My writing comes under three headings; finding the path back to growth, challenging assumptions and conventional wisdom, and weird stuff.
Finding the Path Back to Growth
I write a weekly column for forbes.com, where I have been described as “the leading authority on overcoming stuckness and reigniting growth.” The emphasis here is on practical strategies for doing just that.
There are also two white papers:
Finding the Path Back to Growth – a practical series of steps for finding the great business hidden inside your existing business.
Discontinuous Improvement – very often, when growth has stalled, it is because some basic assumptions no longer apply. This paper identifies the eight most common assumptions that need to be changed to produce step change.
And a book:
Business Remastered – this is very specifically about raising profits, and is designed to be CFO-friendly.
The idea here is that we can easily become trapped by conventional wisdom, “industry best practice,” habits and cliches.
In my Management Today column and my book Everything You Know About Business is Wrong I take aim at the whole body of conventional wisdom in business, tear it down and suggest what better ideas could be put in its place. For instance, I have argued why Searching for the Root Cause of a Problem Can be Futile, Why Bonuses are Bad for Business, and Why Business is Not All About People.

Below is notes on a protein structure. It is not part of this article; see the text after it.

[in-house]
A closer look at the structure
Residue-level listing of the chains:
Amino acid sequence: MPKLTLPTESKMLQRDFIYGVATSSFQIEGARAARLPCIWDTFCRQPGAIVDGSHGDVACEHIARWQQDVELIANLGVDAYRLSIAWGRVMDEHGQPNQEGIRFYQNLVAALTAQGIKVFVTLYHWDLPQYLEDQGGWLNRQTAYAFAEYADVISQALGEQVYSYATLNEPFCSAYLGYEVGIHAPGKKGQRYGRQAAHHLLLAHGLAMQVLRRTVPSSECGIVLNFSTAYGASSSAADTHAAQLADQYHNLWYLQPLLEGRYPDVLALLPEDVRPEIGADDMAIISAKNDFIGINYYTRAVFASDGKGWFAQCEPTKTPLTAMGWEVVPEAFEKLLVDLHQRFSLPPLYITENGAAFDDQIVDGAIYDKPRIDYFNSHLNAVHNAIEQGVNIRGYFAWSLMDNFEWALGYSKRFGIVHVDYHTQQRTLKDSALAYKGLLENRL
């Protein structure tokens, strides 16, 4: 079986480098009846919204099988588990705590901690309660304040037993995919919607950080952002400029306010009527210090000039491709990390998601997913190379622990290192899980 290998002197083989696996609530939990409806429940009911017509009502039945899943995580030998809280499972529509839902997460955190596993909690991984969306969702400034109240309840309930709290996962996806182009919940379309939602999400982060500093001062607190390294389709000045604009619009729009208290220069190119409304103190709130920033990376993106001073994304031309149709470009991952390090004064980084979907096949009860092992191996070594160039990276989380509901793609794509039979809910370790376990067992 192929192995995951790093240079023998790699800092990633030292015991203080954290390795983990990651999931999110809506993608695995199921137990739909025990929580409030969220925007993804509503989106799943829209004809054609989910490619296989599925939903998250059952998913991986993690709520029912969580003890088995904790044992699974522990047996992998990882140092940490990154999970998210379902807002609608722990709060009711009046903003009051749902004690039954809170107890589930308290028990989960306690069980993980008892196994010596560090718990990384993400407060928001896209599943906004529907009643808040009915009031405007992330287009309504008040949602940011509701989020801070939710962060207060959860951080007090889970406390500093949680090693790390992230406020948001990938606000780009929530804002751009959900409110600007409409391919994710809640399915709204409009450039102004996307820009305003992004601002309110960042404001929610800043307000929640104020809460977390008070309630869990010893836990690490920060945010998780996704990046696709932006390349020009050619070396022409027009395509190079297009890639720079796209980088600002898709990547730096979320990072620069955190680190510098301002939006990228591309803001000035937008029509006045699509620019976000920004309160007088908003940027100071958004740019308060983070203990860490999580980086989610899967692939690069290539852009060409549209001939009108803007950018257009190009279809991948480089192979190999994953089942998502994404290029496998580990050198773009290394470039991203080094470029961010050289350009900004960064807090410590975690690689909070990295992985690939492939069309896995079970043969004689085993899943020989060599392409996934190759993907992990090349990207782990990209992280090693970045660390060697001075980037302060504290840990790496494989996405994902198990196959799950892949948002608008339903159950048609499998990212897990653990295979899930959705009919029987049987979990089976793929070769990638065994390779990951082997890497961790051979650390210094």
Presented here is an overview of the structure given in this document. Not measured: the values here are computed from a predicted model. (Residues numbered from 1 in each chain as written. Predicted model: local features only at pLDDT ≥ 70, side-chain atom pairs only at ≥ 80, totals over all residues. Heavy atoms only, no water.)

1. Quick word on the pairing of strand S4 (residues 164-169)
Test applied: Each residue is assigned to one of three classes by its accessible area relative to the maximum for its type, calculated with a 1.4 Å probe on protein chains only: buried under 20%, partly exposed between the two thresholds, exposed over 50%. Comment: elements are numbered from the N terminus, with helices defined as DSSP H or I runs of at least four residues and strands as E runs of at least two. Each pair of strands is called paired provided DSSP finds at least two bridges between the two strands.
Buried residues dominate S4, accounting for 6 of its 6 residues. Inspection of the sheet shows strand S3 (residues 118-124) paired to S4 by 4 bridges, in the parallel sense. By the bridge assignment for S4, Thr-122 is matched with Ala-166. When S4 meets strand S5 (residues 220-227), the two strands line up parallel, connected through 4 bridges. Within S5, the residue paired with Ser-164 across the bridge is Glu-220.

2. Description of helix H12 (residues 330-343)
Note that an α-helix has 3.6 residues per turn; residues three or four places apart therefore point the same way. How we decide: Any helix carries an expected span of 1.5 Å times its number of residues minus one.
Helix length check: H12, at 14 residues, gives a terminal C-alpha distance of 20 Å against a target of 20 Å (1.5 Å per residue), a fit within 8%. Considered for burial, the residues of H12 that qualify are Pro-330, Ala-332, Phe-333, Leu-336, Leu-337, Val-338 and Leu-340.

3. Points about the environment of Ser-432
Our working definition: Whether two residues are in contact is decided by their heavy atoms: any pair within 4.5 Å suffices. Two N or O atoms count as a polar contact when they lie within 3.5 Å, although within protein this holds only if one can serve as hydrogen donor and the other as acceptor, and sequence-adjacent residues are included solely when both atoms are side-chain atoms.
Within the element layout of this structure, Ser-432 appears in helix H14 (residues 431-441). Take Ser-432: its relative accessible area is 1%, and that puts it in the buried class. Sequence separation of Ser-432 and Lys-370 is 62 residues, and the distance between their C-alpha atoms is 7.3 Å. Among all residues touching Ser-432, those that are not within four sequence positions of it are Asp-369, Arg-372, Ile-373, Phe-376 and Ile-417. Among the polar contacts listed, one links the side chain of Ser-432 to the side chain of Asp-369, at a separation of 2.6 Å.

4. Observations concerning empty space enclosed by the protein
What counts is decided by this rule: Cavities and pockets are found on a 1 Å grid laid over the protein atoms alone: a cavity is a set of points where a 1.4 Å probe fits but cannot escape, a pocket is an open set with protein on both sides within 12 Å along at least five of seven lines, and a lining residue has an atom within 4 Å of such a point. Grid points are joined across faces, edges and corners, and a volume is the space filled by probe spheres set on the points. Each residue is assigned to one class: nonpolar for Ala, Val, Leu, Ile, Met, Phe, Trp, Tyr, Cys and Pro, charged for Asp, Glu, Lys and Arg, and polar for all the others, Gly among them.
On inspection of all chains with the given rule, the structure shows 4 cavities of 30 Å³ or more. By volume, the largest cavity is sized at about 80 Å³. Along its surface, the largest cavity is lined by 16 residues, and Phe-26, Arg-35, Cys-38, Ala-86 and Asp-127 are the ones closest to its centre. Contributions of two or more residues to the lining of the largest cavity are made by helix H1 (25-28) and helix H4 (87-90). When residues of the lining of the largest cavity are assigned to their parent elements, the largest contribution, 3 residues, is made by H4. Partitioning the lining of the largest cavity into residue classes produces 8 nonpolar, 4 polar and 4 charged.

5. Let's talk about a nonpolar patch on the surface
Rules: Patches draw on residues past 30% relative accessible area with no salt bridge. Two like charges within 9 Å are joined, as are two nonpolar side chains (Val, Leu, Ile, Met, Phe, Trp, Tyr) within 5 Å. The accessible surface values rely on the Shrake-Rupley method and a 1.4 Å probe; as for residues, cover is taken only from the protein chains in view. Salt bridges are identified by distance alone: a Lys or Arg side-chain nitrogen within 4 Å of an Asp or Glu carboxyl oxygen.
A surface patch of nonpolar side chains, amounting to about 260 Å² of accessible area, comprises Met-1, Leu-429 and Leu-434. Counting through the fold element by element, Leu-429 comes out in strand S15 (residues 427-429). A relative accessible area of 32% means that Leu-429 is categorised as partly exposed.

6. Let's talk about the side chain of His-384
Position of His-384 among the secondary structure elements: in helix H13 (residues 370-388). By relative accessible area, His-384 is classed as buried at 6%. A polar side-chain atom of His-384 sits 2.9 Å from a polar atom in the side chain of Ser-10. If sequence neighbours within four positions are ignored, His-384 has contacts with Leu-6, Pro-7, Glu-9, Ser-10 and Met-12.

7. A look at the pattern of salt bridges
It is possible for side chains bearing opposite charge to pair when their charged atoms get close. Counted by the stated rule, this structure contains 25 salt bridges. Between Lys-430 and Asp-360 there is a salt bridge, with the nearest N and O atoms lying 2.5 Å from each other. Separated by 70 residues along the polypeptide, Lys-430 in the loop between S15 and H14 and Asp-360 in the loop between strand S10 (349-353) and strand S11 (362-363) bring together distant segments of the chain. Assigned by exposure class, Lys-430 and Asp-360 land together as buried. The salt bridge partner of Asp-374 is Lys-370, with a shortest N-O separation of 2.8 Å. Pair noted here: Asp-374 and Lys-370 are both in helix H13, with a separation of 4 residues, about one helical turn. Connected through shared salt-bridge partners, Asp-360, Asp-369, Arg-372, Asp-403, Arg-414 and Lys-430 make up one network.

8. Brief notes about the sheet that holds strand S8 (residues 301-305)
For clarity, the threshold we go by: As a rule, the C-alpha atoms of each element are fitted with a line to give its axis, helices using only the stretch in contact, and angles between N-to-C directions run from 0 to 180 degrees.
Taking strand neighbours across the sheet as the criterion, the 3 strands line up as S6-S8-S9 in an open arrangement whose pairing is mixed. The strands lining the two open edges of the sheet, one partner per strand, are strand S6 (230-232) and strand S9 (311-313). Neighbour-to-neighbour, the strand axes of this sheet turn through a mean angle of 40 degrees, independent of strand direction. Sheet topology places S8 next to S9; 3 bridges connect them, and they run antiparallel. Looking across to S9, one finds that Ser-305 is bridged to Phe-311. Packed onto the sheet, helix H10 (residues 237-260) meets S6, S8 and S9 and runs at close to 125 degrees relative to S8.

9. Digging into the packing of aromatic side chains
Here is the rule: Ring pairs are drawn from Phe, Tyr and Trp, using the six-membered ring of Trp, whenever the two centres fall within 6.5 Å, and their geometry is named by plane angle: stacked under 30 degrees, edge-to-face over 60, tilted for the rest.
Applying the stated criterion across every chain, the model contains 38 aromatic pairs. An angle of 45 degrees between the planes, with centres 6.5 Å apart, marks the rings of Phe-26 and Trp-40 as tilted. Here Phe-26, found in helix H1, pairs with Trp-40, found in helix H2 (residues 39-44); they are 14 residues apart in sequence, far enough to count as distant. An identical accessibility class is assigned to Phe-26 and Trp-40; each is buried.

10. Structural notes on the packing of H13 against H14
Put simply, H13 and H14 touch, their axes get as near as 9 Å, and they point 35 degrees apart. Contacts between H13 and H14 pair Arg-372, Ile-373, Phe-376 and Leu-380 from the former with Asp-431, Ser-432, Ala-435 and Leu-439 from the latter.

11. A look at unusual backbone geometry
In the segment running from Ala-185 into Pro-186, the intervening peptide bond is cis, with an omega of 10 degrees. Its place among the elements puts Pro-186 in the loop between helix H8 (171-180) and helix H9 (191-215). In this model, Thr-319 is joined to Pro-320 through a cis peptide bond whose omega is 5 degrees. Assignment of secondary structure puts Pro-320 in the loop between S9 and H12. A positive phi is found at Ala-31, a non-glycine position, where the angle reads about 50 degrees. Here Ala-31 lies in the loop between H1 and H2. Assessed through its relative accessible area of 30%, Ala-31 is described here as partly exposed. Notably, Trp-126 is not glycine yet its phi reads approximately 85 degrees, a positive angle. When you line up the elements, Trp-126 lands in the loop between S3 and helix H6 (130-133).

Some people find this stimulating; others find it a little too challenging. I also speak on this topic; here below is a talk on why innovation is so often hard, from a Management Today conference.
AlastairDryburgh from Alastair Dryburgh on Vimeo.
Getting Seriously Weird
Imagine the Deep Blue chess computer playing against…an exact copy of the same software.
Or imagine a battle between two armies both of whose commanders have read the same books – Sun Tzu, Clausewitz, Jomini – and are applying the same theories in the same way.
What would the result be? At best, a horribly protracted no-score draw. At worst, a bloodbath (this was the story of the Battle of the Somme).
The same applies in business.
Imagine that you and all of your competitors have read Blue Ocean Strategy. Whenever a tiny bit of blue ocean opens up, everyone heads straight for it and it becomes the redder than red.
Or imagine a crowd of investment firms all with the same investment hypothesis and the same valuation model. The result? A mad scramble for the same small set of opportunities. Prices escalate to a point where investors are guaranteed to lose unless the company turns into the next Facebook.
The point is this. Learning the rules and the standard methods lets you keep up. Getting ahead means breaking the rules and doing something wrong, in a constructive way. You can’t do the usual things. There are two options:
- Look where noone else is looking;
- Notice what’s in front of everyone’s noses, but which they can’t see.
You need to do something unusual. Something completely specific to that particular time and place. Something that nobody else would think of doing, or wouldn’t see the point of doing. Where do you find these unique, unusual moves? Start with the OutSideEdge newsletter.